A lot or a little?
The parents' guide to what's in this movie.
What parents need to know
Parents need to know that Girl is a suspenseful action drama starring Bella Thorne as an unnamed young woman who goes back to her hometown to kill the abusive father who abandoned her. Once there, she learns there's much more to her family's story than she'd been told. Thorne's character is roughed up and threatened a lot (she's kidnapped, punched, attacked, and shot at, and under constant threat), but she uses her wiles -- and an axe -- to fight back. Positive messages are hard to identify, and Thorne's character isn't the stuff that role models are made of, but her character is brave and does have enough authenticity to possibly elicit a rallying cry from kids who feel their parents just don't understand. Most of the characters use strong language ("bitch," "f--k," etc.), smoke cigarettes, and drink beer and do shots at the local bar. While she's changing her shirt, the side of Thorne's breast is exposed. Spoiler alert: Absentee dads are made out to be heroes here, which could feed the hopeful fantasies of teens whose parent or caregiver has been out of the picture.
What's the story?
In GIRL, an unnamed young woman (Bella Thorne) travels to her rural hometown to confront her estranged, abusive father, intent on killing him so that her victimized mother can feel safe. But when she arrives, she finds that he's already been murdered. As she sets out to find answers and understand the man who abandoned her, she unravels a menacing family legacy.
Is it any good?
What begins as an action thriller turns into a tense family mystery that will keep you guessing. We all grow up with stories about our ancestors, some of them favorable, some of them not. How do these stories shape us and, especially in small towns, shape the narrative around our own lives? And are these stories to be believed? Writer-director Chad Faust cracks the nut on a matter many people likely don't think too much about. In fact, his main character (whose name is never said) only knows that her father 'kicked her to the curb" at age 6 after a domestic violence altercation that left her mother with a broken back, and she never heard from him again. You know what you know, right?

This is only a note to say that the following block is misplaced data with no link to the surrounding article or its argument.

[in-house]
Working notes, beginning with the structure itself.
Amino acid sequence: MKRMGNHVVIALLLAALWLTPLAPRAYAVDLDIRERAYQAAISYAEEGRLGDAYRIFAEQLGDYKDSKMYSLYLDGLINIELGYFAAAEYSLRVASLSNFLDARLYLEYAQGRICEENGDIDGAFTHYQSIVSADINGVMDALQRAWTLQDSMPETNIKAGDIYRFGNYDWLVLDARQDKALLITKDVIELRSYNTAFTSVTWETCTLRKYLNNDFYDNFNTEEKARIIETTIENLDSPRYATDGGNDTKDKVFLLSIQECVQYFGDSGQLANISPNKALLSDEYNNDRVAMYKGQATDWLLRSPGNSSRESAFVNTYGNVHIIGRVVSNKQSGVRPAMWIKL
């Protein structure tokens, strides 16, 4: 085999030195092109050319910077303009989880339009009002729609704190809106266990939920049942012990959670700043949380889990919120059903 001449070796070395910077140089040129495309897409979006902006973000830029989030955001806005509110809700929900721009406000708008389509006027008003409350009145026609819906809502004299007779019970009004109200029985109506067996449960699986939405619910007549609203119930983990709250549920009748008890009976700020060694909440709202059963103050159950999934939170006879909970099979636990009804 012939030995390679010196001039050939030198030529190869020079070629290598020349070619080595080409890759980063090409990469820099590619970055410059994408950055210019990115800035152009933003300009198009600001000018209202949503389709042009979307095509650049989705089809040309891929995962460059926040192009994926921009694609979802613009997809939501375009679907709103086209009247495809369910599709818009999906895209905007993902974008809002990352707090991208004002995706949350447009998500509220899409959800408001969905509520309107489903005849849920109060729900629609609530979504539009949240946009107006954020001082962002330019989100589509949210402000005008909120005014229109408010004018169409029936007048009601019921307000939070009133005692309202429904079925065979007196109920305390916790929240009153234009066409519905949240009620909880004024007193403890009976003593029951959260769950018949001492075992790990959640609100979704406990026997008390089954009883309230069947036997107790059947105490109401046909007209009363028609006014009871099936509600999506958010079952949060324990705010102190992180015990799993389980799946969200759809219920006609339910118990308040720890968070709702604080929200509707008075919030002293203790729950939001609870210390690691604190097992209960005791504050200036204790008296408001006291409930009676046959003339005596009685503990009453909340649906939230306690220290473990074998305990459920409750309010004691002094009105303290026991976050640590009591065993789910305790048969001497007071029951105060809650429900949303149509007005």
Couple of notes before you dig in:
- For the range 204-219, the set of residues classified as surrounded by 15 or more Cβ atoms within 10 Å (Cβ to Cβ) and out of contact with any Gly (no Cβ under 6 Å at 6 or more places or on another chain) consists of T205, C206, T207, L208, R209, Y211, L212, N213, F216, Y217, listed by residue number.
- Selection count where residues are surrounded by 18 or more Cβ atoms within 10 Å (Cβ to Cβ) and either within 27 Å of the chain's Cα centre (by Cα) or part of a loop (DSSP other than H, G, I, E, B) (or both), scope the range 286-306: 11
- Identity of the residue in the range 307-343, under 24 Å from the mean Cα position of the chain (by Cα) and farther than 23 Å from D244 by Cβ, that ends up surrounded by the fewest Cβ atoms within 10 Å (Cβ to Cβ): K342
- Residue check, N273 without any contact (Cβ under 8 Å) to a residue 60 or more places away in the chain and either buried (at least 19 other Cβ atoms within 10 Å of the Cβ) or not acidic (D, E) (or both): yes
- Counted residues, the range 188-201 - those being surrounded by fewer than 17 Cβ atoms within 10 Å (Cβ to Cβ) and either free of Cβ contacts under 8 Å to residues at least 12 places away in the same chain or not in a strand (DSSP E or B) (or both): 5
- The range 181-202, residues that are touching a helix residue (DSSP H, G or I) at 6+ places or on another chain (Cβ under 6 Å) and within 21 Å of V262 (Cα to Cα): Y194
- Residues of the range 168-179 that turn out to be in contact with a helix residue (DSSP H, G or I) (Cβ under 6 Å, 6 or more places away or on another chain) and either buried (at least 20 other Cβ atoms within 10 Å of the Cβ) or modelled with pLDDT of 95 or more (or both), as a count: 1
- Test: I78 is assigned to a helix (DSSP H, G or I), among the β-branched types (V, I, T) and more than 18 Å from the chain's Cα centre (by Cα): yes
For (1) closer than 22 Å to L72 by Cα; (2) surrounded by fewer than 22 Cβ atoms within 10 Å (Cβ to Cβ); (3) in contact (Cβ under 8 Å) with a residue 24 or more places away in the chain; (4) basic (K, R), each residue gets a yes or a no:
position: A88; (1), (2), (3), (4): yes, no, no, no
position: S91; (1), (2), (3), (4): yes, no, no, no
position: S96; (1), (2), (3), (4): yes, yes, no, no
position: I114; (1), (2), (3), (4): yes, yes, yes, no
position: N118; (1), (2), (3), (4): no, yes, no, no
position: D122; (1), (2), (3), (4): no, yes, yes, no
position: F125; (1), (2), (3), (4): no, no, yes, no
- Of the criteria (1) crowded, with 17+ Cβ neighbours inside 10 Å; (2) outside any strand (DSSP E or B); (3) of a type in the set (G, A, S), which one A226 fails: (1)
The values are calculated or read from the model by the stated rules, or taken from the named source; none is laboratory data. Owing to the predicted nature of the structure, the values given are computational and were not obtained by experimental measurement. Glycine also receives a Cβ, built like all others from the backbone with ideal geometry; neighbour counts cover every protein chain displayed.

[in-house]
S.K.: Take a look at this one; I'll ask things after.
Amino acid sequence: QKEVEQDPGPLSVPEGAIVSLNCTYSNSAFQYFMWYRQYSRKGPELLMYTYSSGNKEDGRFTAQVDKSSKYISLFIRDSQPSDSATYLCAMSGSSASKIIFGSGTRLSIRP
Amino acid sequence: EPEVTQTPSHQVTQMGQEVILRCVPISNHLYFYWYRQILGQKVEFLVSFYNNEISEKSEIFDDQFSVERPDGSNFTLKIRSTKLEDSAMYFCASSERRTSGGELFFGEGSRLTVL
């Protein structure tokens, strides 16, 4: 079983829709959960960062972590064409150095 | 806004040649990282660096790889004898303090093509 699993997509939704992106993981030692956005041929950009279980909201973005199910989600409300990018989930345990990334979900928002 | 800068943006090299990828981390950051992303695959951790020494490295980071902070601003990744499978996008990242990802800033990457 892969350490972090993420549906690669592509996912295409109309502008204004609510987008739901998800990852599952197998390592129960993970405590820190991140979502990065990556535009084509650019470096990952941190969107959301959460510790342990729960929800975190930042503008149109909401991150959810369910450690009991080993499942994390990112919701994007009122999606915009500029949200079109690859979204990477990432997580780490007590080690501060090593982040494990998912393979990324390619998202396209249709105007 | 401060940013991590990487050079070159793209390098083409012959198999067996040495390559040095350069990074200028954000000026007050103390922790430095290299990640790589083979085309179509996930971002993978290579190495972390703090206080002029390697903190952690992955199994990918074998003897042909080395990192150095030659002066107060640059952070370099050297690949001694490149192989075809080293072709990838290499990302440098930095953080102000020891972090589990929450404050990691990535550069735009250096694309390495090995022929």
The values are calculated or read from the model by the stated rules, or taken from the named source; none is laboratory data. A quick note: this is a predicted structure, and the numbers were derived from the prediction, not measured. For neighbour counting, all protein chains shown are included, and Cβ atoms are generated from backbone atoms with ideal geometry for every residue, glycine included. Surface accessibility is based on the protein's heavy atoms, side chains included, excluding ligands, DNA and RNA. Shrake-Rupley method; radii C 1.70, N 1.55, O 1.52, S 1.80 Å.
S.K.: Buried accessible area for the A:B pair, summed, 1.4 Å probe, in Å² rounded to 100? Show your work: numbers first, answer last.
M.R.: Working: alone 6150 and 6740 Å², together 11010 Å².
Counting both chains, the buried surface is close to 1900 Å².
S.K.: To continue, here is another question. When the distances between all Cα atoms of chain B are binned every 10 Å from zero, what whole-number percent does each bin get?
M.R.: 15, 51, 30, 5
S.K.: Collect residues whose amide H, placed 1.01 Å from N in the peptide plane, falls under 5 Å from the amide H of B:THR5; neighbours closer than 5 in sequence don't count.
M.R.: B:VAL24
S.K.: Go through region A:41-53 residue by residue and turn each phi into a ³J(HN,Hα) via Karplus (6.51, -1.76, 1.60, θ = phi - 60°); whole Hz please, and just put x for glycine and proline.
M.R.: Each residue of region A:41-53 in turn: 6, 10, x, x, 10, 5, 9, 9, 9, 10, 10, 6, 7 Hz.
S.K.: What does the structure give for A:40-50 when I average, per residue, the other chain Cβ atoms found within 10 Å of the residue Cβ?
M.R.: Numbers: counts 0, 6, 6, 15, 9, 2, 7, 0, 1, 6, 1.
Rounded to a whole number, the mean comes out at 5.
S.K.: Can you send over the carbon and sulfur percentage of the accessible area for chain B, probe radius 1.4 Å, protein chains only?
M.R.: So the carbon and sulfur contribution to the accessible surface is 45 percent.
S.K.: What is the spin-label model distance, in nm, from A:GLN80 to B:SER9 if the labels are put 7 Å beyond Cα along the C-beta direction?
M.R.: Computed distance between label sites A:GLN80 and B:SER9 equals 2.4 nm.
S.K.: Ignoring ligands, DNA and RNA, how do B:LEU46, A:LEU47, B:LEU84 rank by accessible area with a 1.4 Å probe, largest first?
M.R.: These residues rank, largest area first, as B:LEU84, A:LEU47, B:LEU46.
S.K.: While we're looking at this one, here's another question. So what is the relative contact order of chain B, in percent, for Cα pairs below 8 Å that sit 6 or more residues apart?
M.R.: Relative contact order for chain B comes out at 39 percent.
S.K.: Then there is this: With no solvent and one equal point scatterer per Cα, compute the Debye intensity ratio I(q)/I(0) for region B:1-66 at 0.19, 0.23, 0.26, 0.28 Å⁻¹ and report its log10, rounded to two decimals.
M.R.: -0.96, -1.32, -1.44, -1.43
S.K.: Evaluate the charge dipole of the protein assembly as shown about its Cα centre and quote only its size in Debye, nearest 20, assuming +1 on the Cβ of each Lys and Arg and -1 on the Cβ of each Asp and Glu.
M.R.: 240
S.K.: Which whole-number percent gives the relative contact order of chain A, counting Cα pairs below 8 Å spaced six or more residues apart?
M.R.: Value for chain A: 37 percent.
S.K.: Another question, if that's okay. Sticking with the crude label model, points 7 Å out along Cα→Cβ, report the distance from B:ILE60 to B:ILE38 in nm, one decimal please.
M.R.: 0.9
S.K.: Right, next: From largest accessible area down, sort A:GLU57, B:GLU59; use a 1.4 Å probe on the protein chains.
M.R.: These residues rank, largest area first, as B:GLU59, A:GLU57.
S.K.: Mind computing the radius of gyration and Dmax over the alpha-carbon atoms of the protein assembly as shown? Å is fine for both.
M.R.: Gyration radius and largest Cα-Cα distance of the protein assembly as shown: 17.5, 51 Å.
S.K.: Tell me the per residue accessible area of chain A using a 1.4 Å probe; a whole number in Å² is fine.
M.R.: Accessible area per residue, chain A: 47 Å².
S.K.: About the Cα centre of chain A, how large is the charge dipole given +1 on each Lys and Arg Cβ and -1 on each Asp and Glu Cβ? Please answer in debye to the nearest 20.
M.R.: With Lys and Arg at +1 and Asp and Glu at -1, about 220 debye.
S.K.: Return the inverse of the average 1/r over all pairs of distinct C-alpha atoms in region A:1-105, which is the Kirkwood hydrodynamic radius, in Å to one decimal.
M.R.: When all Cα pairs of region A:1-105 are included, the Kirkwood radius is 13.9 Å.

As the main character spends one day back in her hometown, she learns that her mother's warnings were correct: It is a dangerous place, with dangerous people who don't wish her well. The air feels full of danger from the opening frame. With an ominous score, a flash of a hidden axe, and tons of attitude, the suspense is thick. Each word of dialogue carries meaning, and each moment builds. Thorne is a solid actress, and she and Faust deliver on two elements that play off the title. One: Like many young people in the post-high school stage, this girl thinks she knows everything -- and that she's tough enough to handle the dark, mature situation she's putting herself into. That overconfidence is balanced with a palatable uneasiness whenever she realizes she's in over her head. Two: Without words addressing it, Thorne makes us feel precisely how any young woman feels when traveling to a strange place alone. Weird looks, people standing too close, or being alone in a space with just one other person: There's always the question on her (and our) mind about whether sexual assault is about to follow. Girl's story has a couple of holes, but teens will likely be on board for this story of intrigue, surprise, and complicated family dynamics.
Talk to your kids about ...
Families can talk about how the main character in Girl compares to female protagonists in young adult books and movies. How does she demonstrate courage, determination, and curiosity? Can she be the "hero" of the movie and not be a role model?
How does your family history/legacy shape your own perception of yourself? Are we beholden to behave like our ancestors?
What is "blood memory"? How is it relevant to groups of people, such as Indigenous or Black Americans, to understand generational trauma?
How are drinking and smoking depicted? Are they glamorized?
Talk about the amount of violence in the movie. Is there a better or different way the girl could have handled conflict?
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